Mr Mandelson, Secretary of State for Trade and Industry, will be urged by delegates at the congress to clarify government plans for private- sector involvement in the Post Office.
And the conference will expect him to justify pounds 400,000 bonuses to senior executives at the Millennium Dome revealed in The Independent yesterday.
Mr Mandelson, who once worked for the TUC but left under a cloud, addresses the conference in the wake of overwhelming votes yesterday which were strongly critical of government policy towards public-sector pay and services.
The 800 delegates also registered their opposition to the Private Finance Initiative which seeks to involve private money in state projects. The TUC further registered disapproval of the possible sell-off of air traffic control and the Royal Mint together with the semi-privatisation of London Underground.
In anticipation of a cool response, the minister, regarded as one of the union movement's principal enemies in the Cabinet, will arrive on the platform with Mo Mowlam, Secretary of State for Northern Ireland, who is guaranteed a rapturous reception.
Ministers yesterday made clear that there would be no wholesale sell- off of the Post Office, but union leaders will demand to know whether the Government intends to sell 49 per cent of shares in the organisation or keep it under total state ownership, with more commercial freedom.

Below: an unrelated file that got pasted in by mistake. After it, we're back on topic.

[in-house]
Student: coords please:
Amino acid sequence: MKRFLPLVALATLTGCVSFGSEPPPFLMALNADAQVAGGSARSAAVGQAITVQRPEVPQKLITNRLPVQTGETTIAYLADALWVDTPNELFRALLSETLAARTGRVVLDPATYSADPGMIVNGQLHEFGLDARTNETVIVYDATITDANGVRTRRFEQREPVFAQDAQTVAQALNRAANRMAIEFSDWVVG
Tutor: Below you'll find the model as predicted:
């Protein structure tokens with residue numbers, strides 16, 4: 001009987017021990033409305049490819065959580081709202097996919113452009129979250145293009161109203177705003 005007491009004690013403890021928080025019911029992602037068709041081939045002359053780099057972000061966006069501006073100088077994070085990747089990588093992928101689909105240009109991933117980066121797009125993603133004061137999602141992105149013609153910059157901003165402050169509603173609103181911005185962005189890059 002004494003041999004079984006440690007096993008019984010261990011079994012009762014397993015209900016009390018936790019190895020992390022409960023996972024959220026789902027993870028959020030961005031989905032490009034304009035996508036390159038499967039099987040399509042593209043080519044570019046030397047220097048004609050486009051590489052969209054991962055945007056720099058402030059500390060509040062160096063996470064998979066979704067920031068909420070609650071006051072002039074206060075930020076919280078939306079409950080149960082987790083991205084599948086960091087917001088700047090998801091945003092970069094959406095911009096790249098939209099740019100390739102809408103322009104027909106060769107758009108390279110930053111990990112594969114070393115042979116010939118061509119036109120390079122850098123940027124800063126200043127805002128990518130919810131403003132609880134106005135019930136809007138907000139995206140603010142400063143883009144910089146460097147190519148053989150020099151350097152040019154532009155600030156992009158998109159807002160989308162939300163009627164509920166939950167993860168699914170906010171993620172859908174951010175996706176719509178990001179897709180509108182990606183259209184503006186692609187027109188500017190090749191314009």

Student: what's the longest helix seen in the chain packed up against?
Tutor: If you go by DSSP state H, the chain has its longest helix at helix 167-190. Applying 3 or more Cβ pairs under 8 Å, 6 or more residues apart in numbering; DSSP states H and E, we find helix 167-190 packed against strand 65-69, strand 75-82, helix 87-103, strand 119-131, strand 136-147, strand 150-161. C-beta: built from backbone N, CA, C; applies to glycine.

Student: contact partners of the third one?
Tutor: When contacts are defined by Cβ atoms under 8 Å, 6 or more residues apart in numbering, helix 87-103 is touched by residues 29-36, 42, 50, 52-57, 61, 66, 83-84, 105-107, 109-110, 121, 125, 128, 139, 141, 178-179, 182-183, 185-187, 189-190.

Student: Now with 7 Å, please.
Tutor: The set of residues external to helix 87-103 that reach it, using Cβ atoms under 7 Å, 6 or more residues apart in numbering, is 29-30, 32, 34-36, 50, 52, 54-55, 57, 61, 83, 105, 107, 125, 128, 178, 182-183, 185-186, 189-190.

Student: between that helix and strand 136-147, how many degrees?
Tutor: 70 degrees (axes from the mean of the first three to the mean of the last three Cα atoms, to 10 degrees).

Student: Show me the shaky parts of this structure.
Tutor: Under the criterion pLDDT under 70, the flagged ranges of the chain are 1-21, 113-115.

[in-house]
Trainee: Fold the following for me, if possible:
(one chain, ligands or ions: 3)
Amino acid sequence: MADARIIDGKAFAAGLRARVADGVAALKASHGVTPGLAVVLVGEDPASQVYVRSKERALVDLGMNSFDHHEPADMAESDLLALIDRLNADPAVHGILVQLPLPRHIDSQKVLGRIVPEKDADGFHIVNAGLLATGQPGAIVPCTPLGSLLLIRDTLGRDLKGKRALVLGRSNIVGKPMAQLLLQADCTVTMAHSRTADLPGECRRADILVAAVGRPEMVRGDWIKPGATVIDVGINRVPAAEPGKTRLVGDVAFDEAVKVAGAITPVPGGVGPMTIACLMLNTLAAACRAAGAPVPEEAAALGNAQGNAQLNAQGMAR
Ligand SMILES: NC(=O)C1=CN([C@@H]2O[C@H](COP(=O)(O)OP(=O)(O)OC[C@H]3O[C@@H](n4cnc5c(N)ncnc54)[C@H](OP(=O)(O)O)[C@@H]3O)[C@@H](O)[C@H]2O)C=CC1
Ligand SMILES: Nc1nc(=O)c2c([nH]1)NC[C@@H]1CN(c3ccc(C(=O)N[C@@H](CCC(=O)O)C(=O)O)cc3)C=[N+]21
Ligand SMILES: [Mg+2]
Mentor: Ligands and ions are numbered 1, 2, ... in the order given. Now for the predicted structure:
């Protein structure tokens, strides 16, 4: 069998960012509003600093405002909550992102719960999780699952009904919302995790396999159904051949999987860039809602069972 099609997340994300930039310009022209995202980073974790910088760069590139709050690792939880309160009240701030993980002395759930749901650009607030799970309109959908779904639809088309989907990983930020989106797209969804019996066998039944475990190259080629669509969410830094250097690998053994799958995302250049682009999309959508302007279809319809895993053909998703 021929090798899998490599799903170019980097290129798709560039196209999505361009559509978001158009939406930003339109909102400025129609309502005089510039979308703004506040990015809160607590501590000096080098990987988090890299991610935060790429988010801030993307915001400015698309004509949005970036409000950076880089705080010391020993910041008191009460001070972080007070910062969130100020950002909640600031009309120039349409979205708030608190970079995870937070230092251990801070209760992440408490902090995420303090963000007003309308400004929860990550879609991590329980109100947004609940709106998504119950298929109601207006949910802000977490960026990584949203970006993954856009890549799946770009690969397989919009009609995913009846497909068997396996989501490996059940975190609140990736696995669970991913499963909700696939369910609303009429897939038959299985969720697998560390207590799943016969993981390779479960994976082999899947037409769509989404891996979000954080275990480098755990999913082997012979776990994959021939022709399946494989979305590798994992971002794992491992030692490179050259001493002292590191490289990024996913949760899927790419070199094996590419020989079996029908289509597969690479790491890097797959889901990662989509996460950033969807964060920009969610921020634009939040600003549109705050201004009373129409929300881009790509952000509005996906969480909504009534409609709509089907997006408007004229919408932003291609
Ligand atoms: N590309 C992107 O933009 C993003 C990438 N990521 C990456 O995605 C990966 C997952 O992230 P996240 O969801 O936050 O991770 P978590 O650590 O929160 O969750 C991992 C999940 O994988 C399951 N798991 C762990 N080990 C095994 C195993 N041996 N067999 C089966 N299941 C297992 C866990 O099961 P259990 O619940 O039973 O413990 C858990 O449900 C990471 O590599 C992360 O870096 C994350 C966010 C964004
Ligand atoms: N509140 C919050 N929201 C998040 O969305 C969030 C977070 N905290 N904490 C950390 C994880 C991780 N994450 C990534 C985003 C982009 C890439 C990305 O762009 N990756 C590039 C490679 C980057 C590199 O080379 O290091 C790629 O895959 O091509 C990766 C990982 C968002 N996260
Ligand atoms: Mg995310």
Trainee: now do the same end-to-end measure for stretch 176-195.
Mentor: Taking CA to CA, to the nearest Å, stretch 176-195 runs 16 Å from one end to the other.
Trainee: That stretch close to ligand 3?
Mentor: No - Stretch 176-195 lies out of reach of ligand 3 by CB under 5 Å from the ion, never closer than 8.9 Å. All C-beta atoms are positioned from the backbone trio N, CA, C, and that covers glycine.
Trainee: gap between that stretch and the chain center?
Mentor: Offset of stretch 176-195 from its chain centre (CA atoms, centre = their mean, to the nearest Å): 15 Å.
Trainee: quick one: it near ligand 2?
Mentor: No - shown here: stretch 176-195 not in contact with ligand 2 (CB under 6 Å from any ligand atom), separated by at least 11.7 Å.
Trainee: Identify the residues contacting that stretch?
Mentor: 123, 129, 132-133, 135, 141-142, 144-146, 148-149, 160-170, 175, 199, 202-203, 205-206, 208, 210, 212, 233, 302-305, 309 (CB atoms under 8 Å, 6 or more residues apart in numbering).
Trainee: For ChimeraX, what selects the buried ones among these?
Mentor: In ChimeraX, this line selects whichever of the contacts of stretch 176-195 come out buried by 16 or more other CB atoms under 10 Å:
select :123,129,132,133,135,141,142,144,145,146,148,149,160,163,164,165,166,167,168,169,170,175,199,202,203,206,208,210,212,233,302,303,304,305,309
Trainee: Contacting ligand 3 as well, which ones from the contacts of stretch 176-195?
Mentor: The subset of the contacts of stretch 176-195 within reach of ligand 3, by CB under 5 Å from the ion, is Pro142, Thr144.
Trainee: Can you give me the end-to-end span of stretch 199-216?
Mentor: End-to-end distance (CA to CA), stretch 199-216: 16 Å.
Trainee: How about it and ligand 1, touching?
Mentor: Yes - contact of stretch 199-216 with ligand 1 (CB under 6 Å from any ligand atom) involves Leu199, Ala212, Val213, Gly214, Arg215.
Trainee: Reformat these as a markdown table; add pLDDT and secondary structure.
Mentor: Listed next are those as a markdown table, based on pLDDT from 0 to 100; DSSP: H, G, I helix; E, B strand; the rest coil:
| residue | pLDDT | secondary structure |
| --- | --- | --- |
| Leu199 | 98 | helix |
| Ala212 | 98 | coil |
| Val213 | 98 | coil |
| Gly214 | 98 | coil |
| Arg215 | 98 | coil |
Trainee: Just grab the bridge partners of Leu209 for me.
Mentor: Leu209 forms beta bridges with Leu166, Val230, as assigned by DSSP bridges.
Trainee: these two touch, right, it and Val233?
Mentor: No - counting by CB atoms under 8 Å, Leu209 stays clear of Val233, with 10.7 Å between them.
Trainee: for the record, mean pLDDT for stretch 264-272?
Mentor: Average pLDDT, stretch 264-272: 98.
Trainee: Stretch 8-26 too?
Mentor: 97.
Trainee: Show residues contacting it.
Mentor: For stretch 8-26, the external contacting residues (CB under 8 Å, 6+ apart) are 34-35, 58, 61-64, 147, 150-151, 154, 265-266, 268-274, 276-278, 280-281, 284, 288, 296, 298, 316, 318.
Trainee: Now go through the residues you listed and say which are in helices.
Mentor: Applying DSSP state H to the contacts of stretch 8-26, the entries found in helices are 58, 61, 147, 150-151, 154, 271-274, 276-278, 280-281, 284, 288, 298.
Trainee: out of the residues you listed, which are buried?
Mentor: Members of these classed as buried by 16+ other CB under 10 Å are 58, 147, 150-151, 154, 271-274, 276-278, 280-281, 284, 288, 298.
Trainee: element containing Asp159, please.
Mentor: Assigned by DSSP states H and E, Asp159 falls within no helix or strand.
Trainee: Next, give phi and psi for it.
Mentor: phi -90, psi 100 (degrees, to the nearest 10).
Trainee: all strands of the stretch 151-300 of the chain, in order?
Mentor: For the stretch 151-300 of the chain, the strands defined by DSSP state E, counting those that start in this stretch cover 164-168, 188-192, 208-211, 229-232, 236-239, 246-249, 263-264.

It is understood that there is a cabinet rift over the organisation, with Mr Mandelson favouring the sell-off of some shares and other ministers insisting that it remain under government ownership. The completion of a review has been postponed several times.
Derek Hodgson, leader of the Communication Workers' Union, pointed to a pre-election promise from Tony Blair that the organisation would not be privatised. "We in the CWU worked hard with the Labour Party to ensure that a change of government came about. And we expect previous promises to be kept," he said.
Mr Mandelson faces further embarrassment after leaders of the TGWU and Unison, Britain's two biggest unions, seized on revelations in The Independent that three directors of the Millennium Dome were to receive huge bonuses.
Alison Shepherd, president of Unison, said: "It is just one more example of fat cats getting even fatter on a public project while the poor, low- paid public-sector workers are told they can't have a decent increase."
Bill Morris, TGWU general secretary, said: "All workers should be treated equally."Reuse content